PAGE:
The ocean is a source of endless analogies. Wherever you are in life, this vast connected body of water can represent things you learn along the way like few other things. People tend to name certain parts of it, then claim those areas as their own; but none of that means anything to the water or the denizens of the sea. Drops of salty water don’t identify as belonging to anyone, and they go where the tide takes them without any concern for crossing borders or becoming someone else’s possession. Fish may move around because of changing temperatures, or to follow the food supply; whatever their reasons, you can bet it has nothing to do with the laws that govern the area they live in or the one they are headed to.
When I was a kid, the ocean represented coolness way more than mystery. I thought of the beach when I thought of the ocean, and back then I thought every time the water met the land it created a little paradise. All of my experiences came from movies or the occasional visit to California, and somehow I spent the first decade of my life believing that every mile of coast around the world was warm and welcoming.
Very little of my time was spent thinking about the rest of the ocean back then, how far it went before touching another land or how deep it got along the way. Something about living so far from it most of my life made me want to be close to it someday, and the sea came to represent even more when I finally moved my own adult life somewhere I could visit it regularly.
By that time I knew much of the world’s coastline is cold or rocky or treacherous in some way or another. The knowledge made me even more grateful to be able to hang out on the beach without worrying about any of that stuff, even when chilly California winters turned bikini beaches into sweater spots. Fun in the sun is all well and good, but quiet moments to yourself on a deserted stretch of sand can be deeply meaningful in its own wonderful way.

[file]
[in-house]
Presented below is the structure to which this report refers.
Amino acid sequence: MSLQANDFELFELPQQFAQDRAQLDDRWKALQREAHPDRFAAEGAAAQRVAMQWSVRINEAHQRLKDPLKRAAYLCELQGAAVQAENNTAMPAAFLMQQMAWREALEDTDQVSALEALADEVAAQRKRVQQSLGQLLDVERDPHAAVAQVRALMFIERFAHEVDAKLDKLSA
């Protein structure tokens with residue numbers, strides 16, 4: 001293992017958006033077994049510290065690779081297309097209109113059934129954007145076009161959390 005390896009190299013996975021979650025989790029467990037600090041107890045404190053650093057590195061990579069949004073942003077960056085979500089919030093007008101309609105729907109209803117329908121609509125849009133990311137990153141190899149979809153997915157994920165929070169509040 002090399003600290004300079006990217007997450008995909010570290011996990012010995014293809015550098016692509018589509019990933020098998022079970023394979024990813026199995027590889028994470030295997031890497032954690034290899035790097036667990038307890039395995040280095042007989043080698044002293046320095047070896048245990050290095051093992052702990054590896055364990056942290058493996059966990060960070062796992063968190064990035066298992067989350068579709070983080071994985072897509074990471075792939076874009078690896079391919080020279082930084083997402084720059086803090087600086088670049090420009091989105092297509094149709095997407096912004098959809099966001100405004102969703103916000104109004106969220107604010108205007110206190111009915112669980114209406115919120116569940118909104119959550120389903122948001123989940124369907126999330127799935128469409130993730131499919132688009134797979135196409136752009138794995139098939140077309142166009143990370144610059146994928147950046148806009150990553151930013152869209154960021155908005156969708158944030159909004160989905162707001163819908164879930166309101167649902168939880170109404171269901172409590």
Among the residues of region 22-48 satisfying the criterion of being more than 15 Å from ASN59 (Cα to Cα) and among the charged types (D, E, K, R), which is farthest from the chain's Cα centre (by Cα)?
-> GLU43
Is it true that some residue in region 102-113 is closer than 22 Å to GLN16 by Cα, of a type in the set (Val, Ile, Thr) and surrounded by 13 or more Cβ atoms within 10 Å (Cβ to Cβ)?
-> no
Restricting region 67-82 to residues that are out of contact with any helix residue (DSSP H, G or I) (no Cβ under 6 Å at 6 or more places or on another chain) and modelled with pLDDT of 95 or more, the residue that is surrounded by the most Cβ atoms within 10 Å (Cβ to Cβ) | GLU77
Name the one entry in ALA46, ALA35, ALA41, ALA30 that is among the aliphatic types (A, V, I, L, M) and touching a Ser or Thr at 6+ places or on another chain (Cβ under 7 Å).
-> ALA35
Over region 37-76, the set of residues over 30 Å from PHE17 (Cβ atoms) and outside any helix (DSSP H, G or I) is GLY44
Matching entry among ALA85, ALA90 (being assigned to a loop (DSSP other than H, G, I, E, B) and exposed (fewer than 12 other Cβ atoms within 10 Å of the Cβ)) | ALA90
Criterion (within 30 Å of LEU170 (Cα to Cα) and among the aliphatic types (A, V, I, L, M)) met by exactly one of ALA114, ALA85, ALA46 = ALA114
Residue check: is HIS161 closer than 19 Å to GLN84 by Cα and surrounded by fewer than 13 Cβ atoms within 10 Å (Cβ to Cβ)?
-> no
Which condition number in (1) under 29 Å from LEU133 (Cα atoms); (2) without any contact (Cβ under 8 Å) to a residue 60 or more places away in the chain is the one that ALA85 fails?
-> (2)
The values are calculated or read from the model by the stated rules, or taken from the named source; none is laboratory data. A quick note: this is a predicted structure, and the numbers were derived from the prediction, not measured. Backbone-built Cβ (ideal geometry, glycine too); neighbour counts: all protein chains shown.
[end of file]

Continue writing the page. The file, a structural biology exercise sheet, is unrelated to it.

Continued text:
One thing I always thought would be extra breathtaking was being on a boat or ship far out from the shore. I used to talk about how I’d like to know what that was like, standing out on deck with the ocean as far as the eye could see in every direction. Now I get to have that experience once or twice a year, when I go on cruises with my lovely wife; and I have to say the reality is even more incredible than I imagined. I always like to take a little time, often when I’m two or three scotches deep, to stand where I can turn and see the ocean trailing off endlessly at every angle. The sight reminds me of a couple things that I think are good to ponder from time to time.
First of all, people are pretty amazing. The fact that I’m as comfortable courting a good buzz on board as I am at home says a lot about the modern cruise ship. Stuff can go wrong, to be sure; but there are backup plans for the backup plans, and so many resources on board that I’m pretty confident I could handle the situation at my drunkest. That’s saying a lot, considering the scenarios I am wont to imagine; and I would take my hat off to the folks that make it all possible if I thought it was wise to wear one on deck.